WDYTYA; May 11

Jason as Mitt Romney

Jason Sudikis is a comedian known best as a cast member on Saturday Night Live. This week on Who Do You Think You Are?, he is in search of his paternal grandfather.  The preview mentions someone with two families. It also teases about an accident in a coal mine in Pennsylvania. It is known that Jason’s family was originally from Lithuania. He was born in Virginia but raised in Kansas.

Who Do You Think You Are? airs Friday at 9 p.m. (eastern and western) on NBC. Also don’t forget that you can see past episodes and some deleted scenes on the WDYTYA video page.


One Comment

  1. Let me add my voice to the chorus of commenters decrying the shoddy research and analysis for the Jason Sudeikis episode of WDYTYA.

    More than half of that episode revolves around two hypotheses: 1) that Jason’s great-grandfather, Stanley Sudeikis Sr., abandoned his wife and son in Chicago and married another woman in Bridgeport, Connecticut without obtaining a divorce from his first wife, in the process lying about his marital status on the Connecticut marriage license application, and 2) that Jason’s great-great grandfather was Joseph Sudeikis, a miner in Schuykill County, Pennsylvania, who was killed in a 1901 mine accident involving a gas explosion. Much of the emotional impact of the episode hinges on Jason’s reaction to learning about these incidents and his reflection on how they may have affected subsequent generations of his family.

    Trouble is, these hypotheses may be false. At the very least, they were not convincingly proved by the evidence presented in the show.

    To be fair, the experts and researchers interviewed in the show qualified their responses and comments, as you would expect professional historians and genealogists to do. However, the writers and producers of the show, and Jason himself, showed no similar restraint and seemed to accept without question the truth of the two hypotheses outlined above.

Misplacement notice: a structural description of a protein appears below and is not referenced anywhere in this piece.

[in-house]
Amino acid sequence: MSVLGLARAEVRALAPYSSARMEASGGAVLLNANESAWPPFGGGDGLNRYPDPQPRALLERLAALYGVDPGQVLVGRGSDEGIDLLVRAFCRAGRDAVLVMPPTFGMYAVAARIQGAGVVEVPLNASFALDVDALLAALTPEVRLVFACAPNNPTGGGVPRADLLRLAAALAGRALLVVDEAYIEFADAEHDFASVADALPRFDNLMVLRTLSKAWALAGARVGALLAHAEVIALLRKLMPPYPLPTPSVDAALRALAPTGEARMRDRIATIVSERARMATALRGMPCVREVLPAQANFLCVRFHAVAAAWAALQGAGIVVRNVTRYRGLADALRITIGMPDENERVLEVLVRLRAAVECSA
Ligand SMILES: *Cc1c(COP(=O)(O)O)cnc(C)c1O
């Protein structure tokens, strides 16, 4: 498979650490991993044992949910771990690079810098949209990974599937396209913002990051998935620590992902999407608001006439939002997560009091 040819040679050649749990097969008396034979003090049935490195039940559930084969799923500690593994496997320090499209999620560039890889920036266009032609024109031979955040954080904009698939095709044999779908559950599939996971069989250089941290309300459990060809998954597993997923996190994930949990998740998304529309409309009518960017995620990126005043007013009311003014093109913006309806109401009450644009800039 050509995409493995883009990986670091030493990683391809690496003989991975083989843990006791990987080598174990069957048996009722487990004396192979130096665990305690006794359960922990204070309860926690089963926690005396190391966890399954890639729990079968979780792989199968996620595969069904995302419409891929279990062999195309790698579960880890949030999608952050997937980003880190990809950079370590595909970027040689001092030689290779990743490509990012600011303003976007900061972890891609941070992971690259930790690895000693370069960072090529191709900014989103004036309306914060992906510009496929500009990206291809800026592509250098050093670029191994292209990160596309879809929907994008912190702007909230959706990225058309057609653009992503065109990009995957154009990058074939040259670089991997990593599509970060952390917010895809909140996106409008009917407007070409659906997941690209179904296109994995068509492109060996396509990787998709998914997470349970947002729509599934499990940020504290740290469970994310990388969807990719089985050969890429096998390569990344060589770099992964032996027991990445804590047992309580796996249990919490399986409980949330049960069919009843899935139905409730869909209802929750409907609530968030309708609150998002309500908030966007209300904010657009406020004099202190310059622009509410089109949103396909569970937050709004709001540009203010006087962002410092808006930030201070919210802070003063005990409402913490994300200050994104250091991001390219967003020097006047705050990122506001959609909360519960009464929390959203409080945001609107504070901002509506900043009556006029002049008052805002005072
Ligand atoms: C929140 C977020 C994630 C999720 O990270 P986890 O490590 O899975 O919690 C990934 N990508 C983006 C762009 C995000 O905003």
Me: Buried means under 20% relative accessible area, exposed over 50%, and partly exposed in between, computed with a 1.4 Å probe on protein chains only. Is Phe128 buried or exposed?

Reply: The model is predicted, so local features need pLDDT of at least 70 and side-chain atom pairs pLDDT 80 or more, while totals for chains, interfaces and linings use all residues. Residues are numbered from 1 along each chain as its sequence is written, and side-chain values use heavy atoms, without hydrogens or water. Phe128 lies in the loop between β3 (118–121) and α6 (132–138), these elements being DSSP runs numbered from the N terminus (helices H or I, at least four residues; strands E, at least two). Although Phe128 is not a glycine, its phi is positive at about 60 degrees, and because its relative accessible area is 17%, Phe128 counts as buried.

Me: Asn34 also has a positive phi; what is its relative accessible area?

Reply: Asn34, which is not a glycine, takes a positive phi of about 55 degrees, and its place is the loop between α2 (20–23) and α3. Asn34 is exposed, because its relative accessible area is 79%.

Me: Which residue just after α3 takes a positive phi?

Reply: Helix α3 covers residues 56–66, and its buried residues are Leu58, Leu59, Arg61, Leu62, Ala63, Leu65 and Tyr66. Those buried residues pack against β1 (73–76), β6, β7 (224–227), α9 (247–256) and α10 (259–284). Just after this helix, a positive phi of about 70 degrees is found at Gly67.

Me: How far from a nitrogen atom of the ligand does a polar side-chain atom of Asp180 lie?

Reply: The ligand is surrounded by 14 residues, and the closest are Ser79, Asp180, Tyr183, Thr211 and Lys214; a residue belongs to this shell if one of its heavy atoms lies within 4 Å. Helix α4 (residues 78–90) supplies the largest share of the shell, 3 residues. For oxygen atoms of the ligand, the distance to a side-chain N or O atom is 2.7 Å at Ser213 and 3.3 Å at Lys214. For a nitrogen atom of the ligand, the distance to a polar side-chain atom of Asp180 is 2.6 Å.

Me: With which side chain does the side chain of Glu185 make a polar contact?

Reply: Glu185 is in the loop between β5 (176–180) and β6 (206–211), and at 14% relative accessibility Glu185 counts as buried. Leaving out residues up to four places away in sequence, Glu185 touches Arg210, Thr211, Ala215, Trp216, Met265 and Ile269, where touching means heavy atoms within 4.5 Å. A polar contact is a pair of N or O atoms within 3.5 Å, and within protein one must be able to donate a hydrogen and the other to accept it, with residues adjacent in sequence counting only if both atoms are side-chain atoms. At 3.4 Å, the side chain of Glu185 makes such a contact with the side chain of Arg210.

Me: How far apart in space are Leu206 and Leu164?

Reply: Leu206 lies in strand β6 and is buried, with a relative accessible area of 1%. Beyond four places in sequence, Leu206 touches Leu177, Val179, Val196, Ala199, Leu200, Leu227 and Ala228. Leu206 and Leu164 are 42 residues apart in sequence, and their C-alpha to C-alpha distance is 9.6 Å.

As other commenters have noted, the abandonment hypothesis is largely discredited by two important records that were curiously not mentioned in the show even though they are readily available on Ancestry.com: 1) the birth record of Michalina Sudeikis, daughter of Stanley Sudeikis and Michalina Bielska, born on 20 January 1921 in Chicago, and 2) the 1930 census record showing Stanley Sudeikis living in Chicago with his wife Michalina and son Stanley Jr.

    In addition, I question why other documents that would shed light on the abandonment hypothesis were not produced and discussed, including Stanley Sudeikis’ death record and burial record (according to Findagrave.com, his wife Michalina aka Emma was buried in St. Casimir Cemetery in Chicago, with her sister and her family, but there is no listing in Findagrave for Stanley). Chicago city directories for the period after Stanley is alleged to have married a second wife in Connecticut would also be instructive. These records are not available online but surely could have been found with the budget and phalanx of researchers available to ProGenealogists, the self-described “official researchers” for Ancestry.com, who conduct the research for WDYTYA.

    What makes the whole thing disturbing to me, in addition to the questionable quality of research and analysis, is the severity of the allegations against Stanley Sudeikis Sr. After all, abandonment, bigamy and perjury are crimes. Responsible genealogists would not make public allegations of this nature against persons, living or dead, without solid evidence to back them up.

    As for the second hypothesis – that Stanley Sudeikis Sr. of Chicago was the son of Joseph Sudeikis, the Pennsylvania miner – the evidence and analysis presented were equally weak. It’s true that Stanley’s marriage record in Chicago identified him as the son of Joseph Sudeikis and Maryanna Gecaite. It’s also true that Joseph and Mary Sudeikis living in Schuykill County, Pennsylvania in 1900 probably had a son Stanislaw, as evidenced by the 1900 ship passenger list displayed on the show. But here’s the critical, unanswered question: how do we know that Stanislaw son of Joseph and Mary living in Pennsylvania was the same person as Stanley who later married and lived in Chicago? The sad thing is that there are numerous records that might have proved that link, such as the death record of Mary Sudeikis and the marriage records of their other children, any of which might have mentioned Mary’s maiden name. That would have been the clincher. Surely these records could and should have been located and discussed on the show.

    My conclusion: the Jason Sudeikis episode was good entertainment, bad genealogy.

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